Fig. 2
figure 2

Relative size of sufferers to those of initiators in aggressive interactions, initiated by a hawfinches, b greenfinches and c goldfinches in relation to the number of birds at the feeder (mean ± SE). In each case, the size of the initiator is equal to 1. The numbers of birds at the feeder were grouped into four levels; the highest level (>7) for the hawfinch, and the smallest (2–3) for the goldfinch are not shown because of the small sample sizes (n = 8 and n = 4, respectively)


This study shows that some species of finches are competitively superior to others, and this competitive hierarchy seems to be linked to body size. The large and medium-sized finches usually initiated and won agonistic interactions with smaller species. Moreover, the intensity of the interactions was also driven by the body size of the participants, with the frequency of fighting increasing with decreasing difference in body size between the participants. This is consistent with the results of some other studies examining the relationships between animal body size and interspecific competition (e.g. Wilson 1975; Dhondt and Eyckerman 1980; Robinson-Wolrath and Owens 2003). As such, our study supports the hypothesis that body size would be an important factor affecting the general performance of animals and ecological networks (Woodward et al. 2005).

The probability of winning agonistic interactions initiated by hawfinches and goldfinches did not depend on the size of sufferers. In contrast, greenfinches displayed a higher probability of winning and confined their agonistic behaviour to threats when interacting with smaller species. These interspecific differences might be attributed to limited opportunity, rather than the lack of the effect of body size: as the hawfinch was the largest and the goldfinch was almost the smallest species visiting the feeder, all sufferers of interactions were smaller than initiator hawfinches and larger than initiator goldfinches. Therefore, the results for the hawfinch and goldfinch should be treated with caution.

Intensified aggressive interactions between individuals are in general associated with limited resources (Moore and Yong 1991; Dubois 2003). In our study, although the amount of food at the feeder remained constant during the whole study period, the amount of food per capita should decrease when the number of visitors to the feeder increased. As a consequence, the probability of engaging in a fight increased 1.40–1.46 times for each additional member of the foraging flock. This suggests that restricted food resources may indeed drive competition between the species.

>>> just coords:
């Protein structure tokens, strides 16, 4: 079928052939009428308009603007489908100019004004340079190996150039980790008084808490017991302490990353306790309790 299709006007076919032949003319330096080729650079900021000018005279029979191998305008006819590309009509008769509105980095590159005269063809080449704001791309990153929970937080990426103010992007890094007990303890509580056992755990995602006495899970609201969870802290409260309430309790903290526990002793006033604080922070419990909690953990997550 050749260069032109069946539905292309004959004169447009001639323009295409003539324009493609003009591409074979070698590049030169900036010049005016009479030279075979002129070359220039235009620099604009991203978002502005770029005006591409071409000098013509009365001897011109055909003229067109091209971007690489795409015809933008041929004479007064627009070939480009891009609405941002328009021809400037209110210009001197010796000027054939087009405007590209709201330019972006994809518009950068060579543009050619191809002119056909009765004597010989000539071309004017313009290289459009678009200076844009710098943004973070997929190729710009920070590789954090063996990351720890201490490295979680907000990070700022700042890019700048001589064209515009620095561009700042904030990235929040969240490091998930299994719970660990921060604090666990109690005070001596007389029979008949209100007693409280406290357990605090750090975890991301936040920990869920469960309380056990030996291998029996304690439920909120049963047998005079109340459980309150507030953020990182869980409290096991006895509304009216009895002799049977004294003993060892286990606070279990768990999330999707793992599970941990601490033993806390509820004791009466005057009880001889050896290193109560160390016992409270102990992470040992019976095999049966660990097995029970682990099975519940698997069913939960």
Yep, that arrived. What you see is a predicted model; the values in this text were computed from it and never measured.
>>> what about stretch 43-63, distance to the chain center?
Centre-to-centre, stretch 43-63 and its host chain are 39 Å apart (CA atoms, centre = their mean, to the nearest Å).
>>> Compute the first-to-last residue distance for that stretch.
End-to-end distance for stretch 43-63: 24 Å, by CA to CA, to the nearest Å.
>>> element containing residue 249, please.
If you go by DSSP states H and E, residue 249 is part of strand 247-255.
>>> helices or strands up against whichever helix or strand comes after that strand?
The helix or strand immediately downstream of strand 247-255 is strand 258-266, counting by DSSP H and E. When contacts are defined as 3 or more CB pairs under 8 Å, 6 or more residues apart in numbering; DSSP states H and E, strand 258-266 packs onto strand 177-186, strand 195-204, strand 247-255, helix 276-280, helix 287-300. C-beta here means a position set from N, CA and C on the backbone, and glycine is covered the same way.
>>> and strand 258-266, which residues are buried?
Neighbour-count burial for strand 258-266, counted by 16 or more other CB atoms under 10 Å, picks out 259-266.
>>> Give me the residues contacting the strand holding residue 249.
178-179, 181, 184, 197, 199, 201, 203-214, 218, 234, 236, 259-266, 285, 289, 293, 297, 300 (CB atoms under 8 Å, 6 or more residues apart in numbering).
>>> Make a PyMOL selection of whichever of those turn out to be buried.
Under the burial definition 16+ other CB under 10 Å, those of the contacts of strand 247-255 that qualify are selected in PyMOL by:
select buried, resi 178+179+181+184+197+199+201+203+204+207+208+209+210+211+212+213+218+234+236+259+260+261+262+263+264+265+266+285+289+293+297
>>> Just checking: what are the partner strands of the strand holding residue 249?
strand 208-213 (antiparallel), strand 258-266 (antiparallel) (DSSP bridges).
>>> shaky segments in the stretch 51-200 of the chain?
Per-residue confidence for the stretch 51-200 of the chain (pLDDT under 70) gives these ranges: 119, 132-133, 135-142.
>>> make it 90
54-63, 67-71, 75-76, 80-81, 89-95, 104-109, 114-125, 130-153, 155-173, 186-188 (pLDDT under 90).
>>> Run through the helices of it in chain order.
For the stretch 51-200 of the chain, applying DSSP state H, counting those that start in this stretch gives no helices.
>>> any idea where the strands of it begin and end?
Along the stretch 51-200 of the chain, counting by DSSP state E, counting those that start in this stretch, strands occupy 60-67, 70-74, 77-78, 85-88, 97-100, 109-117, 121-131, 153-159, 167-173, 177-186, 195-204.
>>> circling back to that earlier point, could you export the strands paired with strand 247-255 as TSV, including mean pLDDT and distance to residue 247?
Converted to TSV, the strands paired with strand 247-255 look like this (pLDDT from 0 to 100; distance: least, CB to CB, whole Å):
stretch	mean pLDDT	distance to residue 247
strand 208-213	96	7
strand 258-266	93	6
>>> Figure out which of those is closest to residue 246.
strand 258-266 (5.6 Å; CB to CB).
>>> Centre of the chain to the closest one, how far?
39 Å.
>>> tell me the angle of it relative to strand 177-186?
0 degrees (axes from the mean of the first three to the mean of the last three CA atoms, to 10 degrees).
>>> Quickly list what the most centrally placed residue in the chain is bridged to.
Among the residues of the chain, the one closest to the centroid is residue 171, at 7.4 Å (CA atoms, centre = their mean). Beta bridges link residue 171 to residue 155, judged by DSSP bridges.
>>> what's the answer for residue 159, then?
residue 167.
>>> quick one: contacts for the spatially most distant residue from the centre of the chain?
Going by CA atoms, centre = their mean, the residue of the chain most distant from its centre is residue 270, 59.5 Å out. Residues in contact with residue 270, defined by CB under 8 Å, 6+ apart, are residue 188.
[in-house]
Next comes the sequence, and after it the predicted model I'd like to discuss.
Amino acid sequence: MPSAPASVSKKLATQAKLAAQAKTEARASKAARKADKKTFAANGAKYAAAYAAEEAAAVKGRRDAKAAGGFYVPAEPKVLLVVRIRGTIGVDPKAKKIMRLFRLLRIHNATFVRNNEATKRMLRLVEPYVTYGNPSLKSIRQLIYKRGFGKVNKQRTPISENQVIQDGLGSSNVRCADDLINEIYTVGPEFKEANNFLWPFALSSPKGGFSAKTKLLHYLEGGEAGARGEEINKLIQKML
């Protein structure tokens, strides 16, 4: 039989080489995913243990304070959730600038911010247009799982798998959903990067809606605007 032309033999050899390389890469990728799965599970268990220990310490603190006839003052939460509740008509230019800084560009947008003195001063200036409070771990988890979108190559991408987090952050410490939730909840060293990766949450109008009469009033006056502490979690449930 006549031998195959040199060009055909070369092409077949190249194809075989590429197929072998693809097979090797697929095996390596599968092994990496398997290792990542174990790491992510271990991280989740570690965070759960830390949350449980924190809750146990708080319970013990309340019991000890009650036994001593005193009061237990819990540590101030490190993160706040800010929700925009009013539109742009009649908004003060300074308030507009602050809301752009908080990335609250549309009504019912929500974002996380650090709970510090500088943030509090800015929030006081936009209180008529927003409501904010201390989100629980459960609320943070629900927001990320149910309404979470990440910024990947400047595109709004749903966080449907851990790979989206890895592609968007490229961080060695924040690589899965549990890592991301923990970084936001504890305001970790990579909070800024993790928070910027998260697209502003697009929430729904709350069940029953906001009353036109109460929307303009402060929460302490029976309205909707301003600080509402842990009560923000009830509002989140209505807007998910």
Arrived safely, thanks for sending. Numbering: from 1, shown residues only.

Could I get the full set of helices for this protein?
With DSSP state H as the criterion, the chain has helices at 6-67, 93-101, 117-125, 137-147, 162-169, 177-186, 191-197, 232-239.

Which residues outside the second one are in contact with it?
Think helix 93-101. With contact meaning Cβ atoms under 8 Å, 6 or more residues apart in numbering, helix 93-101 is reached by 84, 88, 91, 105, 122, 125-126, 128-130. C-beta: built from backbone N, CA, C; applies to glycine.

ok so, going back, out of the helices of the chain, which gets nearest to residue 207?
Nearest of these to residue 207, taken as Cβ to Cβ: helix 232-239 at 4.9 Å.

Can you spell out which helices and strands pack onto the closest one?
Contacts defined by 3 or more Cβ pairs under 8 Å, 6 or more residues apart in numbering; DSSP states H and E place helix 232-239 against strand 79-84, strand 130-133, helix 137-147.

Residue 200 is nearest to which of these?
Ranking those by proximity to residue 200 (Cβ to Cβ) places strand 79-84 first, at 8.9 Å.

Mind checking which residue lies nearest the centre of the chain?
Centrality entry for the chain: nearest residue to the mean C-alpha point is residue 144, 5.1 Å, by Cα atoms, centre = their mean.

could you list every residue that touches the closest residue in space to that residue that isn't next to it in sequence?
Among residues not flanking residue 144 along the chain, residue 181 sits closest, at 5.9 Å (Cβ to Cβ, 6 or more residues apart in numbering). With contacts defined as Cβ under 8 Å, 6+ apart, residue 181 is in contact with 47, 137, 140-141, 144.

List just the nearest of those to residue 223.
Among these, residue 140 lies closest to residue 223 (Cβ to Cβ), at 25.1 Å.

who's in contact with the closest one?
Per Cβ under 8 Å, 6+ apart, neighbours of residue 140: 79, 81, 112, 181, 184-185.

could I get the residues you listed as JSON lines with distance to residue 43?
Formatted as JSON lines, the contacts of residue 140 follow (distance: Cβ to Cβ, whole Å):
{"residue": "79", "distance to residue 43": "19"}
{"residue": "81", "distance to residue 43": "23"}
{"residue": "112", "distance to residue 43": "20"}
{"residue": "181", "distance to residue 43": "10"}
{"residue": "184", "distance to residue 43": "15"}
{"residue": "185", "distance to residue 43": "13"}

Alternatively, the increasing intensity of agonistic behaviours with increasing density of birds at the feeder may be the result of a simple violation of individual distance. On condition that individual distances are disturbed, agonistic behaviours are more likely to occur (Hall 1966). Studies to date indicate that the principle of individual distance operates in various groups of animals, including birds (e.g. Hinde 1956; Slotow 1996; Nephew and Romero 2003). It is plausible, therefore, that individual distance violation intensified along with the increasing number of birds at the feeder independently of, or in combination with, the amount of resources.

The present results were obtained at a garden feeder, i.e. in highly artificial conditions. The recorded frequency of agonistic encounters per se is therefore unlikely to be observed in nature. However, the revealed relationships, such as the body-size-dependent outcome, should be valid in natural conditions. Other findings, such as the increase in intensity of aggressive interactions under conditions of high bird densities, also seem to be valid, despite the artificial circumstances. It has been found in other species that the outcome of interspecific competition during winter may reflect the situation during the breeding season (Dhondt and Eyckerman 1980). Thus, it is possible that the dominance hierarchy between finches at a garden feeder during winter accounts for the spatial segregation of species while they are foraging together (Perea et al. 2014).